Debt is the unwelcome guest this Christmas - Emma Jackson

People are urged to get debt help early.People are urged to get debt help early.
People are urged to get debt help early.
As we prepare for what will undoubtedly be a different Christmas for all of us, in thousands of homes across Scotland, families will be carrying the heavy burden and mental exhaustion of an extra ‘guest’. Problem debt. Taking up a space, eroding confidence and bringing with it a whole host of stresses and strains this festive season.

Furlough, income reduction, job losses have all taken their toll on so many.

The recent collapse of Debenhams and Arcadia, put a further 25,000 jobs at risk on top of the thousands of jobs already hanging by a thread. The number of unemployed over-50s has increased by a third in a year, according to new analysis of data from the Office of National Statistics (ONS). Moreover, almost two in five people are concerned about their income during the Covid-19 pandemic, according to Citizens Advice Scotland (CAS) research.

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Uncertainty is everywhere and we are far from feeling the full economic impact of COVID-19.

It’s undeniable those from our poorest communities have been hit hardest. Those with the least financial resilience, with little or no savings to fall back on, no safety net to catch them, are unable to cope with the income shocks that this year has brought.

Missed bills, the creep of rent or council tax arrears, no money to pay everyday bills- this all leads to further borrowing to meet essential living costs. 64% of clients seeking support from Christians Against Poverty (CAP) in Scotland were borrowing money for food or living costs. This is a staggering statistic.

The choice between heating or eating is the brutal reality for families in streets up and down Scotland this Christmas. The Scottish Government reported last week that 311,000 households are in extreme fuel poverty and we know from Trussell trust that 1.2 million food parcels were distributed between April and September this year. We mustn’t gloss over these statistics. That’s families, just like yours and mine, who are cold and hungry with many of them carrying the weight of debt. Perhaps it is your family.

Problem debt, defined as people who say keeping up with their bills and credit commitments is a ‘heavy burden’, or that they have missed payments for bills in three or more of the last six months. It’s a scary and isolating place all too often dominated by shame, fear and relentless pressure. Debt takes root, mentally and physically, just like that unwanted guest, demanding time, energy and a constant draining presence. And unfortunately, shame and embarrassment, allows problem debt to stay much longer than it ever should.

CAP Client, Christina describes her debt as all consuming. ‘I wasn’t sleeping, I wasn’t eating, my mental health was really starting to suffer. My mind was constantly thinking how am I going to get through tomorrow…. it was just horrendous.’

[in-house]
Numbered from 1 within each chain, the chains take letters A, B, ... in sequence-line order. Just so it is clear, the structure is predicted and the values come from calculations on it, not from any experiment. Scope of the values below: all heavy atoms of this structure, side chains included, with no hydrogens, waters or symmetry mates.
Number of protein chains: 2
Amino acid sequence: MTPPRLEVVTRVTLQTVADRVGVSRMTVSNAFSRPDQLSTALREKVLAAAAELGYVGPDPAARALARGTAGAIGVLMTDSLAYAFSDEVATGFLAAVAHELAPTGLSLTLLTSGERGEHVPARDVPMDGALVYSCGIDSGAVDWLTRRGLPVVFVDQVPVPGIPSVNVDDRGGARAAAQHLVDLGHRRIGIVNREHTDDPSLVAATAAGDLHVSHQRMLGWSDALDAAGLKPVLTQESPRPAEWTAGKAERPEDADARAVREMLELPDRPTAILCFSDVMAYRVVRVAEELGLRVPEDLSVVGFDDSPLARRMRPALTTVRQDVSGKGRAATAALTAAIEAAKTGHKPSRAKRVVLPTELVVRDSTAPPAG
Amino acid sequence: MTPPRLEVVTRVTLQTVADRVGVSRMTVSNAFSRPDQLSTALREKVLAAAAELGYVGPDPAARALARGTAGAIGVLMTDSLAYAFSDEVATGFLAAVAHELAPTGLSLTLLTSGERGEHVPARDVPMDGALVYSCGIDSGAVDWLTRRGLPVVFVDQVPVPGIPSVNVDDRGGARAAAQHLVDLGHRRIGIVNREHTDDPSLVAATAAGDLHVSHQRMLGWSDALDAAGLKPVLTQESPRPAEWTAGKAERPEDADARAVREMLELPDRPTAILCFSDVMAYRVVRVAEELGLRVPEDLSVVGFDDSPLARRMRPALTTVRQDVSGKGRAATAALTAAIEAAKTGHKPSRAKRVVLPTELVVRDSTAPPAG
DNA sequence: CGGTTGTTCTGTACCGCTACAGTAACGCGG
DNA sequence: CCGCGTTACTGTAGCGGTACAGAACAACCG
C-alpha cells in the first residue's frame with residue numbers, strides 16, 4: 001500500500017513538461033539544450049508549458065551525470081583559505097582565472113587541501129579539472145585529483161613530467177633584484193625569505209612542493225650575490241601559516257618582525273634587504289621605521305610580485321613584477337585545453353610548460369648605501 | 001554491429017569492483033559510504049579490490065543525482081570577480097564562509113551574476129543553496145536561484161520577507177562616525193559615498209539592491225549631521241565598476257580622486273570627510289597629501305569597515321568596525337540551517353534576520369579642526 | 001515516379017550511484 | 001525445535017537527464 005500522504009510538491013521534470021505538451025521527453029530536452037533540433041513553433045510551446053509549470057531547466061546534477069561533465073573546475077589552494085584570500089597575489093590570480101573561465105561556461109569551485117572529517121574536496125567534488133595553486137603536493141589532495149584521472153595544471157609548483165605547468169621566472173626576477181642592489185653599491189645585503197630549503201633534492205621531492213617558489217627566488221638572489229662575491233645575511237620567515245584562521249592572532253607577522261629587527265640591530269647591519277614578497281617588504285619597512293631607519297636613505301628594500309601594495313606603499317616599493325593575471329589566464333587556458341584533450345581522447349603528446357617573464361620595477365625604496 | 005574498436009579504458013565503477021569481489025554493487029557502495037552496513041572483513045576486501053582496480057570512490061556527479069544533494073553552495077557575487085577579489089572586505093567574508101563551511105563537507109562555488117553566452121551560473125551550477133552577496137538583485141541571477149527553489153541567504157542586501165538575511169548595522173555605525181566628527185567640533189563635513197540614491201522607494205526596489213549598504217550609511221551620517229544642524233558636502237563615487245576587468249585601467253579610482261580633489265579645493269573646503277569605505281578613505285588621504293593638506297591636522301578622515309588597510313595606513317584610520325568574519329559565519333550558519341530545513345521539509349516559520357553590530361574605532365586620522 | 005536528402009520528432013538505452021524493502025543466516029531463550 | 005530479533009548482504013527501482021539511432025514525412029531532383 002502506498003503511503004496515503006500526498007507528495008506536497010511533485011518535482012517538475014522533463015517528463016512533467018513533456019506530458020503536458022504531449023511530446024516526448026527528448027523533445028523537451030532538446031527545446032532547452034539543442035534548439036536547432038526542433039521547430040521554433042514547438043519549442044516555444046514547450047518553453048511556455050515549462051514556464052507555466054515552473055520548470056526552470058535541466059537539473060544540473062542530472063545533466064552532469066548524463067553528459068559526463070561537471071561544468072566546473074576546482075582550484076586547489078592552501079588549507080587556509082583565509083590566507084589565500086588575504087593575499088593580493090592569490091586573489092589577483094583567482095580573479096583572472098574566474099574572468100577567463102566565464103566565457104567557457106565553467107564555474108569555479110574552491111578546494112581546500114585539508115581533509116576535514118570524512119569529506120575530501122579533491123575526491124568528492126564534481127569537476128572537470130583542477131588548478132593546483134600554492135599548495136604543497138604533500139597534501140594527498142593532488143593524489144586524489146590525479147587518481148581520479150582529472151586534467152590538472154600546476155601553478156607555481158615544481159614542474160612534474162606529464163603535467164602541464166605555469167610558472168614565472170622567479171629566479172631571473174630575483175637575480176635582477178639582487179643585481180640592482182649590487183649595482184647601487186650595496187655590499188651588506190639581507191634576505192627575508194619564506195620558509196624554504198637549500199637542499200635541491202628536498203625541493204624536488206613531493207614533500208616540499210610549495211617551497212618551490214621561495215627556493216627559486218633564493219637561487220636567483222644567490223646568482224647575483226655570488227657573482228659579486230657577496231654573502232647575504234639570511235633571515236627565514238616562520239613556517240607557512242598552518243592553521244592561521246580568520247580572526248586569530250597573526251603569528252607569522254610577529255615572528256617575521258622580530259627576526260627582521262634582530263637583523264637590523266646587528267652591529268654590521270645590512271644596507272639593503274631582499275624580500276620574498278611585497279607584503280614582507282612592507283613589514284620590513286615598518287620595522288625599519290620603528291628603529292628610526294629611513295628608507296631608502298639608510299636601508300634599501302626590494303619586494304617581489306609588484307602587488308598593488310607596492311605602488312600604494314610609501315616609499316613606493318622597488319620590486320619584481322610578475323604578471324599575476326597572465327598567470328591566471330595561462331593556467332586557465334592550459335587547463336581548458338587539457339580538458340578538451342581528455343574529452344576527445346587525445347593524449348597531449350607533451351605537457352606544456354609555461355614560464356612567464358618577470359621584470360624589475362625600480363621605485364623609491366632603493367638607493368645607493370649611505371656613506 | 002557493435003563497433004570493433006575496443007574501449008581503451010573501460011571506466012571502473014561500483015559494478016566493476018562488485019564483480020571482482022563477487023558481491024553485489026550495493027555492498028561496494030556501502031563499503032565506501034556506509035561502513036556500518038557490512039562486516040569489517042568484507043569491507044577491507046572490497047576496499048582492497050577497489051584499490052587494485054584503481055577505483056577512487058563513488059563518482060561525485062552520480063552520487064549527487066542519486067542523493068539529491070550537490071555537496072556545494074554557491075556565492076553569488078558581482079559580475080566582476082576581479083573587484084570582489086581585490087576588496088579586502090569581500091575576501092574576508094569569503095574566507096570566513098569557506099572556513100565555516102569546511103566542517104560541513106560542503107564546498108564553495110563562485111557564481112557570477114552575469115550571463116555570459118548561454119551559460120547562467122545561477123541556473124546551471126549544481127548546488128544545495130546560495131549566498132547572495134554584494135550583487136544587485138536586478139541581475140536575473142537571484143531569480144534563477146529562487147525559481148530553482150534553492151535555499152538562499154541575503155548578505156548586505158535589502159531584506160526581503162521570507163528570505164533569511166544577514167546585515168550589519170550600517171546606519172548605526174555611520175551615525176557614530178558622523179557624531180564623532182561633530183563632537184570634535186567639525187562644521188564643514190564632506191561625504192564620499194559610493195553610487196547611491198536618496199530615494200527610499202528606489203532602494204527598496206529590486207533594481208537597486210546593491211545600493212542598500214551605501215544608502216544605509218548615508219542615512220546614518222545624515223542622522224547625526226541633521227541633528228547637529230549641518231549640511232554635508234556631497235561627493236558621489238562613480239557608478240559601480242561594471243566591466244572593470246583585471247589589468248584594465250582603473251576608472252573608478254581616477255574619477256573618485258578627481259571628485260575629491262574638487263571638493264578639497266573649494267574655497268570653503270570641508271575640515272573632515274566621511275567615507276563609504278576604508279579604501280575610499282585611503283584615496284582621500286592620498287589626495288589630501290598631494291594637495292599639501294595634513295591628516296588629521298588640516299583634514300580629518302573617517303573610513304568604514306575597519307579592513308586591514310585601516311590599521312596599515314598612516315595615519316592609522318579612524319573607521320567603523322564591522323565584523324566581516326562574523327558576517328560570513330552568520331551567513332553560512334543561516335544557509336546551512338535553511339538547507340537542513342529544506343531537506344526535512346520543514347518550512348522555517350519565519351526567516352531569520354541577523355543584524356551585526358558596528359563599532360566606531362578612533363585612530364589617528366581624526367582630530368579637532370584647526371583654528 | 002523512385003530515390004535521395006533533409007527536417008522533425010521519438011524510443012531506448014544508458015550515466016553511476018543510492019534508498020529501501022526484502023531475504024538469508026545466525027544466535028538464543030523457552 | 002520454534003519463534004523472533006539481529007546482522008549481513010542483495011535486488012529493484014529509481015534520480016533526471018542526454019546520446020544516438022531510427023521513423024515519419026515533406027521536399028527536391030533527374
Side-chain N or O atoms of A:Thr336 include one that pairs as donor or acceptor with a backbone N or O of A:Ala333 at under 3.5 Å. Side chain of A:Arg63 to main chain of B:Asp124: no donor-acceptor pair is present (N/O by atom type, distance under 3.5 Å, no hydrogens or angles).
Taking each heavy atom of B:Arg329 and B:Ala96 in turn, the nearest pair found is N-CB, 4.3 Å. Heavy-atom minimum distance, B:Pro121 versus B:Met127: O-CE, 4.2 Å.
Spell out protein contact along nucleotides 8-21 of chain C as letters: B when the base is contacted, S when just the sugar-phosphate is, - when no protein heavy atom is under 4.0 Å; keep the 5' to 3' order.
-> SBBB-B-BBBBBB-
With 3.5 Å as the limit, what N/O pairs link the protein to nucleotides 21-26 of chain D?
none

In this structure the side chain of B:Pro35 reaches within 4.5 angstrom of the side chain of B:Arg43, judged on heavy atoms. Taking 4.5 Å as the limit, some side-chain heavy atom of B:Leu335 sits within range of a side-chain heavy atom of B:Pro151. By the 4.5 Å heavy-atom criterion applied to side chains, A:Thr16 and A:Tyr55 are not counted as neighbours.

The burden of debt is especially oppressive for those already carrying a heavy load; ill health, bereavement, family breakdown or trauma. Mental Health Scotland has already reported on the many people entering the pandemic already struggling with mental ill health. The report suggested that the pandemic has widened mental health inequalities, particularly within groups that have the poorest mental health pre-crisis. The link between debt and mental health is completely intertwined, with 65% of CAP clients reporting debt caused their mental health to deteriorate. The pandemic has not only heightened financial struggles for those already in debt before the crisis hit, but it has pushed so many into problem debt for the first time. The tragic outcomes of the coronavirus have impacted so many of us.

The Money and Pensions Service (MaPs) report that the toll of the coronavirus on some people’s financial wellbeing will be severe and long lasting. Although many have been helped by the furlough scheme and special flexibility on products such as mortgages and loans, there are likely to be challenges ahead when these come to an end. The need for debt advice is expected to increase by 60% over the next 18 months.

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Debt charities across Scotland are urging those struggling with problem debt to seek help now. Free professional advice exists to help people to tackle their debts. Interventions by the Scottish and UK Governments, along with the credit industry have been welcomed to give people more space to manage debt. However, for most people getting expert advice on the right debt solutions at the earliest opportunity is key. An essential first step is to be able to see that options exist, support is available, and you are not alone in dealing with your debt.

There is no shame in needing debt advice.

There is light at the end of the tunnel. Christina, says, ‘Whilst I wouldn’t wish debt on anybody, I can look back at my time with CAP and see the good things that have come out of it – like my new friends. I’ve met a lot of lovely people. I’m better at prioritising my money too. I can actually sleep at night now. I’ve learnt that you’re going to come up against things but you can come through them, it gives you a better perspective.’.

Debt is not exclusive to people of a certain age or of a specific household make-up.

Unexpected circumstances mean that no-one is immune to finding themselves in a financial crisis. If you or someone you know is struggling with problem debt, now is the time to seek help. Debt is not something to be ashamed of.

Don’t delay or put it off, don’t let the unwanted guest continue to rob you of your emotional and physical well-being this Christmas. Call time on this intruder and seek help today.

Emma Jackson is National Director Scotland, Christians Against Poverty (CAP)